Labissiere's Haitian Heritage Nothing to Be Ashamed of

"You promised me I was going to reach the NBA …"

Those were the first words Skal Labissiere said to his father after he was successfully dug out of the rubble of his Porte-au-Prince home following the Haitian earthquake on January 12, 2010.

The 6-foot-7 13-year-old, along with his mother and brother, were dragged out of the wreckage of his home. A wall had fallen on him, pinning him in the seated position for three hours. He couldn't move his legs and spent the next few weeks of his life living in a school-turned-makeshift-shelter trying to learn how to walk again.

Skal is lucky to be alive. He came to the United States because he played basketball. He didn't know the language. He left his family behind to go to a private Christian school in Memphis where no one spoke his native French or Haitian-Creole. He taught himself English and he prayed for a better life.

It's a harrowing tale that has been rehashed countless times. Labissiere even wrote about it himself for the Players' Tribune leading up to the 2016 NBA Draft. It's well worth a read.

Make no mistake, Labissiere is a proud Haitian-born young man. He even made such a statement earlier this week in the Kings locker room while the players were involved in a lively discussion about hairstyles.

He is from one of those ‘Shithole Countries' the President of the United States described during meetings involving DACA and border security.

Labissiere isn't going to talk about politics. He's not going to rip into the President with a worthy sound bite. He didn't even want to talk about Haiti when storms ravaged the Caribbean Island last year.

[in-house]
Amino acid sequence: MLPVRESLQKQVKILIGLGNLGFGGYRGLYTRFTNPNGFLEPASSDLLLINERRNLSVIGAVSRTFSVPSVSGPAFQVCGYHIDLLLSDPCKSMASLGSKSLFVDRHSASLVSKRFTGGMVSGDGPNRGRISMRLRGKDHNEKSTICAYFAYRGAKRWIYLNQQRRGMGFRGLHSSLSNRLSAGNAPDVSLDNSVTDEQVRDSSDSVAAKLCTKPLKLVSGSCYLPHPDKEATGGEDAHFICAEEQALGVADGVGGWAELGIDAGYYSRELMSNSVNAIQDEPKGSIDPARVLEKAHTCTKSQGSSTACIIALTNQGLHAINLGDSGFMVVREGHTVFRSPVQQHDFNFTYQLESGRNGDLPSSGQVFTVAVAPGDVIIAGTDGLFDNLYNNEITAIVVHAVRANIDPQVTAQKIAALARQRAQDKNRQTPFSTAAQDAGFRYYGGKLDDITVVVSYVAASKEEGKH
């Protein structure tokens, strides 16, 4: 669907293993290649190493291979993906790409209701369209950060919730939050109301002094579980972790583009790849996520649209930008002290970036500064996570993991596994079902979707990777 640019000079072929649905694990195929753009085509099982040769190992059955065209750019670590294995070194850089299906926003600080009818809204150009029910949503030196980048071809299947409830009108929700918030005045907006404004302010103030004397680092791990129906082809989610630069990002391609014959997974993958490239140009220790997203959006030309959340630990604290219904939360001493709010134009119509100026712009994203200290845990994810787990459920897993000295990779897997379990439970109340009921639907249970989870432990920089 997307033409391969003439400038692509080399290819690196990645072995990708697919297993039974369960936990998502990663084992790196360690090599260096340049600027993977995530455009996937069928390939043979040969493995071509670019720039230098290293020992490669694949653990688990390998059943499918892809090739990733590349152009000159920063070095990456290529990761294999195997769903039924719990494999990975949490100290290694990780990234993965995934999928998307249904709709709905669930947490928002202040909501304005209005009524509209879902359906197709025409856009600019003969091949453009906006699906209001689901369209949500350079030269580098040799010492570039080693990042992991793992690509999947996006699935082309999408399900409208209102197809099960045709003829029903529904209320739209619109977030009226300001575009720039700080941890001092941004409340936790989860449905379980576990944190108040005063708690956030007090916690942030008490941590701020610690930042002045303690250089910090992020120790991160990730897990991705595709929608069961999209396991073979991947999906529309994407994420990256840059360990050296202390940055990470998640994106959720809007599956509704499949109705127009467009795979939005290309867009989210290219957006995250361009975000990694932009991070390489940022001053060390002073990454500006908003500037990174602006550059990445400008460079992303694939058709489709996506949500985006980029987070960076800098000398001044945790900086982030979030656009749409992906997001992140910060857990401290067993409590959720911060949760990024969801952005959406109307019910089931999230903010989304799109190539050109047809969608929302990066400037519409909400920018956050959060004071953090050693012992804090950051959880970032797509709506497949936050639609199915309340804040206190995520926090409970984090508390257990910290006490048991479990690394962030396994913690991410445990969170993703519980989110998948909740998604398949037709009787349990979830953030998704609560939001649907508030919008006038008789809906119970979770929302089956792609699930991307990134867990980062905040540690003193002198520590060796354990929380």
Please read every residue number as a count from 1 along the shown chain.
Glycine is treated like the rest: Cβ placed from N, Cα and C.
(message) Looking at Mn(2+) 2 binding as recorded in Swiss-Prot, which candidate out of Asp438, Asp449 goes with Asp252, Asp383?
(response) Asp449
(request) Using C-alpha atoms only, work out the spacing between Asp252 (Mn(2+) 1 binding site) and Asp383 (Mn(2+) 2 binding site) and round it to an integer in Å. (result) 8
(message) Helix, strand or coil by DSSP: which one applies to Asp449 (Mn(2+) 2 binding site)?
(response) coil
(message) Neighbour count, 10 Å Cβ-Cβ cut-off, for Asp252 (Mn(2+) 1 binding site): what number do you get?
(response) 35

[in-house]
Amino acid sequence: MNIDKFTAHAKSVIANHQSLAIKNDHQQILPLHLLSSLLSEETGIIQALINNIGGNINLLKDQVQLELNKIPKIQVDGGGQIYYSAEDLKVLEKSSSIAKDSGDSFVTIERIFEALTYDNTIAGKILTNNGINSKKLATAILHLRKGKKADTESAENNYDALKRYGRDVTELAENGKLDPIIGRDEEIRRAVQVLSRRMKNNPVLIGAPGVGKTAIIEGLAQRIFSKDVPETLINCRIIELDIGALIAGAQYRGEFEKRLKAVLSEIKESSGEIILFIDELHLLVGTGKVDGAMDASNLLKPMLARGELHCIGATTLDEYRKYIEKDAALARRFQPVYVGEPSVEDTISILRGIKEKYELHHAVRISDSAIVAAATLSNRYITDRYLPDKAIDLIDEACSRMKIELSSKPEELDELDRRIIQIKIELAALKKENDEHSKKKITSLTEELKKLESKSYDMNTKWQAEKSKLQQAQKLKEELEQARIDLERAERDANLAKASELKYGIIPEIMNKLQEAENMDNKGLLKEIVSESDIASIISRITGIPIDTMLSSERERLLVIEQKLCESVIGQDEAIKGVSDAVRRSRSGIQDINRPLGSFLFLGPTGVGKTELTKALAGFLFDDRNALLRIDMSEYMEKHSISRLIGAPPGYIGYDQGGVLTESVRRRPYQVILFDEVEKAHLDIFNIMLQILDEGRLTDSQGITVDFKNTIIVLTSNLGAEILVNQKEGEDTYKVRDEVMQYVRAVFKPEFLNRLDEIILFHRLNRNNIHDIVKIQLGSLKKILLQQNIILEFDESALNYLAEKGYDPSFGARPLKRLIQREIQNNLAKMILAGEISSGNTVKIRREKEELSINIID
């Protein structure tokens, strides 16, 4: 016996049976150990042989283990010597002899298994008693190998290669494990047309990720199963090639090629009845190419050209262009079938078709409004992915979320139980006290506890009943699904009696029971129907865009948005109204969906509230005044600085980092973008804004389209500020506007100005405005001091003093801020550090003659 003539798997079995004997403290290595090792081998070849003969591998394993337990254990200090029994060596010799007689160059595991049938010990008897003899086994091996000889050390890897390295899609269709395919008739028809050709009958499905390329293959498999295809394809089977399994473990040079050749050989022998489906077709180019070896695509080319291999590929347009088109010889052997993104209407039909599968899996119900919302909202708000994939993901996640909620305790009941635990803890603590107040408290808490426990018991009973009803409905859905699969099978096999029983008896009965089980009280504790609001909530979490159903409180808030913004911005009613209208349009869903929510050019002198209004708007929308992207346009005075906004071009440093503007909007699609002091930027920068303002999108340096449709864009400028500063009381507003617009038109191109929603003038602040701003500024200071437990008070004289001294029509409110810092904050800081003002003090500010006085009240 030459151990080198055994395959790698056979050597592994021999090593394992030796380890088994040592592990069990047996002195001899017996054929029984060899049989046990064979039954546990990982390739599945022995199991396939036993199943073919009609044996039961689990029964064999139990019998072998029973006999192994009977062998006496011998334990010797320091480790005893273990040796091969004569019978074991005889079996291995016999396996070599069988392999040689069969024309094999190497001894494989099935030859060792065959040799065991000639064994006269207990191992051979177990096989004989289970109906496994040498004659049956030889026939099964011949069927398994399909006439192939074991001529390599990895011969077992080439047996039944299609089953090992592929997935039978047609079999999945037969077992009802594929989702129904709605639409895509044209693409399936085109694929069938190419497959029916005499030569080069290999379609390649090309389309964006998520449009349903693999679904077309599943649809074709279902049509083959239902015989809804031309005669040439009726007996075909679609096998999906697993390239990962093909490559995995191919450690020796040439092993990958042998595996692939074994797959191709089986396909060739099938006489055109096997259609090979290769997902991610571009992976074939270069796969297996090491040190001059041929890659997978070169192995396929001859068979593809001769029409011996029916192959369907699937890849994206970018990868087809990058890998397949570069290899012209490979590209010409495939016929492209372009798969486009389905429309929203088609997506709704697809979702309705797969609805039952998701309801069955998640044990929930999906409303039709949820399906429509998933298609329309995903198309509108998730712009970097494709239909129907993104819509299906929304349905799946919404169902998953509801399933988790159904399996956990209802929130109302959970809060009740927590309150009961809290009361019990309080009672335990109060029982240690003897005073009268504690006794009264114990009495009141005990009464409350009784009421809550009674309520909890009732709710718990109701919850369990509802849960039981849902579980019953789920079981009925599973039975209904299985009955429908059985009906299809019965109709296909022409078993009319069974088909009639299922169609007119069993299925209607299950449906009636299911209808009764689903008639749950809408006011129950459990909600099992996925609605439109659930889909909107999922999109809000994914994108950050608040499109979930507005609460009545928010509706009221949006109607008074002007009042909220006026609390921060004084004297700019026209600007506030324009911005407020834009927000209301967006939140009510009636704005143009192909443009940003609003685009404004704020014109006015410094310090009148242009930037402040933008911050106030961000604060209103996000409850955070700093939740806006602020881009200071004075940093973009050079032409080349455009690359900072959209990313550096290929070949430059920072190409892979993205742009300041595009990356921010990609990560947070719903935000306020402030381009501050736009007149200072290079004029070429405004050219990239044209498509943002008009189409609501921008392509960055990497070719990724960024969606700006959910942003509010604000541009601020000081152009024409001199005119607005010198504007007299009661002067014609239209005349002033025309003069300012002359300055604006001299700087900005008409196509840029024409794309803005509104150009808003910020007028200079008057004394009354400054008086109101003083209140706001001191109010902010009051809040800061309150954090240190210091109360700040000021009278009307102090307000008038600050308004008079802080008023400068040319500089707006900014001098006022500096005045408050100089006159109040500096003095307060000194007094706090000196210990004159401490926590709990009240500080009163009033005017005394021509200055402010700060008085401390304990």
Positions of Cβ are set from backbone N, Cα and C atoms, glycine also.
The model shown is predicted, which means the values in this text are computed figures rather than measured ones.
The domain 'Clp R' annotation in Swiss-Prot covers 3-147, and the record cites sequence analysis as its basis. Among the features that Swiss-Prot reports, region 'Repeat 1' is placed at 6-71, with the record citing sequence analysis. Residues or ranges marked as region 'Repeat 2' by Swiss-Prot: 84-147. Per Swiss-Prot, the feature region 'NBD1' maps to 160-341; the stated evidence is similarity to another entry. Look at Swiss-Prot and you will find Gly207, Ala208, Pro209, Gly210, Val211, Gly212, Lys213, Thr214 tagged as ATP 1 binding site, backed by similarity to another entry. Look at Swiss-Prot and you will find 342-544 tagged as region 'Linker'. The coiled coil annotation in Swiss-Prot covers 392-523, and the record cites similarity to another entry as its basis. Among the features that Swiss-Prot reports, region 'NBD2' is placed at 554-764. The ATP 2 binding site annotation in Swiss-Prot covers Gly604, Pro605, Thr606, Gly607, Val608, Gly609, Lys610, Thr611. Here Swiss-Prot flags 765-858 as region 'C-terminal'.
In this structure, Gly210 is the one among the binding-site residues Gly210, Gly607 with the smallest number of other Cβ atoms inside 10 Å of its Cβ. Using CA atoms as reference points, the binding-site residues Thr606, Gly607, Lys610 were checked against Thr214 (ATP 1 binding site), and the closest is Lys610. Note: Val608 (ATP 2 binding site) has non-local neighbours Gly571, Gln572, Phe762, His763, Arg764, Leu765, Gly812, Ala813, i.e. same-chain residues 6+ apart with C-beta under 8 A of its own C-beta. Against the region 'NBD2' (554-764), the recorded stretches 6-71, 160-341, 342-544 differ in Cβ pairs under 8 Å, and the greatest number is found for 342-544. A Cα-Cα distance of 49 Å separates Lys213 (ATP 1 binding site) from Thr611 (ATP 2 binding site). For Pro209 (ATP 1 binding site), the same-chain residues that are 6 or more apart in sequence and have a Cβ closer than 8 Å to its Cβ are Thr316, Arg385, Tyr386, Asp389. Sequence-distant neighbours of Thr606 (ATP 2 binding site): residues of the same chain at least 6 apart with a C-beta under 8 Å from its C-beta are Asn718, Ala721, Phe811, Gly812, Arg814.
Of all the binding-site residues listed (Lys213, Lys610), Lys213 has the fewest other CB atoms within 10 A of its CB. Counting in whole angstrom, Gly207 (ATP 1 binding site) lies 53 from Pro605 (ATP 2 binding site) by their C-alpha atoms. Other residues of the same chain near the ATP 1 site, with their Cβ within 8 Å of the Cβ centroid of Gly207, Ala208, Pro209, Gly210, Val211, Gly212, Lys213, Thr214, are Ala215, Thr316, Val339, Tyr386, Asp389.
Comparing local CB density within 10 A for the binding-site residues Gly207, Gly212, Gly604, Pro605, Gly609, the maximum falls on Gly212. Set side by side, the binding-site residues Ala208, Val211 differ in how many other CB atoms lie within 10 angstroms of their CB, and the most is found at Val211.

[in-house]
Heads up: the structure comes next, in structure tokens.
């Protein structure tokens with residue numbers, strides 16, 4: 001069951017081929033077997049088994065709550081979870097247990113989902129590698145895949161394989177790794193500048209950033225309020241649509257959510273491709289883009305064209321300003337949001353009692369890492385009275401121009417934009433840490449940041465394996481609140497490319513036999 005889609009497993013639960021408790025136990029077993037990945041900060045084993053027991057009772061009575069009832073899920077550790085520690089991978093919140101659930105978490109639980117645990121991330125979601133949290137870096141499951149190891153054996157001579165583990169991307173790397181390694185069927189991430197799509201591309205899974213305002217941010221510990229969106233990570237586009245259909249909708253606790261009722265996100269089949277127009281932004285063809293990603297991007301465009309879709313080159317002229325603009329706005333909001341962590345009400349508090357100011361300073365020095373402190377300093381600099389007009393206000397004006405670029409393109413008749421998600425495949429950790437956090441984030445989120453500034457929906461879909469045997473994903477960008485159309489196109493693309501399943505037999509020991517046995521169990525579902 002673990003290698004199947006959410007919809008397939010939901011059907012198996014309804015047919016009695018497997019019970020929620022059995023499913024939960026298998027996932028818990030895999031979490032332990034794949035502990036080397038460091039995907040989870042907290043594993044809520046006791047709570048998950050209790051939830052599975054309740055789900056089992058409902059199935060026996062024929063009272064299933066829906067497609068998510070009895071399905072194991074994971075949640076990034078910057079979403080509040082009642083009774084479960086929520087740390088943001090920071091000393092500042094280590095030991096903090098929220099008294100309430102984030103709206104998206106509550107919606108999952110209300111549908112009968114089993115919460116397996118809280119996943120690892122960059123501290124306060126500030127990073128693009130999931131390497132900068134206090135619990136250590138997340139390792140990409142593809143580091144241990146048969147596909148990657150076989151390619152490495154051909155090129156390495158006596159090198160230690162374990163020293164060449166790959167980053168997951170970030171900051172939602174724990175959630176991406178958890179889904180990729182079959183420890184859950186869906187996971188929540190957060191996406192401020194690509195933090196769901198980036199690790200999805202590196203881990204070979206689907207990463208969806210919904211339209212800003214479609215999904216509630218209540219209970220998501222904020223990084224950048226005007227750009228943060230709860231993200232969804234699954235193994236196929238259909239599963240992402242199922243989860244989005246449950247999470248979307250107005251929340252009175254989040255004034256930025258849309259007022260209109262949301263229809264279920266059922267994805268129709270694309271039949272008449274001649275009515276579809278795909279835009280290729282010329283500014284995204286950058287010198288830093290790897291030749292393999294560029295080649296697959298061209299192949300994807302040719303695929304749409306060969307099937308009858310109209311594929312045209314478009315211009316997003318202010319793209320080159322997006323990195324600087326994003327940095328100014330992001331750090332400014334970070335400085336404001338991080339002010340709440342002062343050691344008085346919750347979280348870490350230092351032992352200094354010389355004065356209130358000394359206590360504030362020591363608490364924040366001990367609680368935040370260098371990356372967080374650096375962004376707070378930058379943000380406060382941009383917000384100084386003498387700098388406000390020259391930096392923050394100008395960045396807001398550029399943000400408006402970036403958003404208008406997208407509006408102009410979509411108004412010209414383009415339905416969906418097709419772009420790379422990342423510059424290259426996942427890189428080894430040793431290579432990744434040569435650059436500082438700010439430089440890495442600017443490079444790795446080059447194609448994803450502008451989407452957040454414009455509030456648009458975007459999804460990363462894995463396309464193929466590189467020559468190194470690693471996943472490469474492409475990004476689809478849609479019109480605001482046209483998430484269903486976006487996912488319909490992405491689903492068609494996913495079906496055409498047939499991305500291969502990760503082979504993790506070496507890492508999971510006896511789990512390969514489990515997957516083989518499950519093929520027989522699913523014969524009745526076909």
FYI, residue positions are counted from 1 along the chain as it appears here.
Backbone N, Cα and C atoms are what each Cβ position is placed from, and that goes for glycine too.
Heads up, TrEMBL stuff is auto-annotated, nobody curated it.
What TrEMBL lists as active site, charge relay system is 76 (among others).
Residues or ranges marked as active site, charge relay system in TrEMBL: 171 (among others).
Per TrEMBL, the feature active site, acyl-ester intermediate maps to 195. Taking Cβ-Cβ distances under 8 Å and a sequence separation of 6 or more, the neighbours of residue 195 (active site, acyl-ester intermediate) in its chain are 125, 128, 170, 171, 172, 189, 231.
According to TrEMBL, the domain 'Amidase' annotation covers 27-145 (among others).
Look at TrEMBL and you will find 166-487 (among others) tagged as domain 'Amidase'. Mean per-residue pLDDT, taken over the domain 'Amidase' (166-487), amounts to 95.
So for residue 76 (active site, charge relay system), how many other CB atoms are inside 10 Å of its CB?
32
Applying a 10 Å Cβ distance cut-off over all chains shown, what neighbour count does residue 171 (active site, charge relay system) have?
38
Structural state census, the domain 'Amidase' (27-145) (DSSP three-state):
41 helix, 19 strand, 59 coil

It's tough to balance what is going on in our country and in the world today. As a sports reporter, you try to stay out of the fray politically. Despite having a platform, there is always going to be the "stay in your lane" contingency out there.

I know a little about Haiti. But I know a lot more about Skal Labissiere.  

In the past 18 months since the Kings drafted the talented 21-year-old out of the University of Kentucky, we've gotten to know each other. He's been a guest on the Kings Insider podcast multiple times and we've had plenty of both on-the-record and off-the-record conversations.

What I can tell you is that Labissiere is good people. He is respectful, caring and deeply religious. He is also funny and someone you hope finds success.  

I can also tell you that his teammates love him. The Sacramento Kings organization loves him. You would be hard-pressed to find anyone who would have a negative thing to say about the young man.  

It's not about whether he is a good basketball player or not. It's who he is as a person that makes Labissiere special. He has a smile that lights up a room, and he works as hard or harder than any player in the building.

Skal wants to be great. He does the work  to be great, but when things aren't going his way on a basketball court, he is the first off the bench to cheer on his teammates.

You can tell when things aren't going as planned. He quietly wears his emotions and frustrations in his body language. But he always makes time and he never complains about his situation.

Skal Labissiere represents the best the league has to offer. He spent his summer planning and conducting a youth basketball camp in Haiti. It was the first time he was able to return home since he left in 2010.

Labissiere isn't the only good guy in the Kings locker room. They have plenty. But his story is unique.

Skal is an incredible representative of the NBA, Sacramento and his native Haiti. The league is a better place with him in it.

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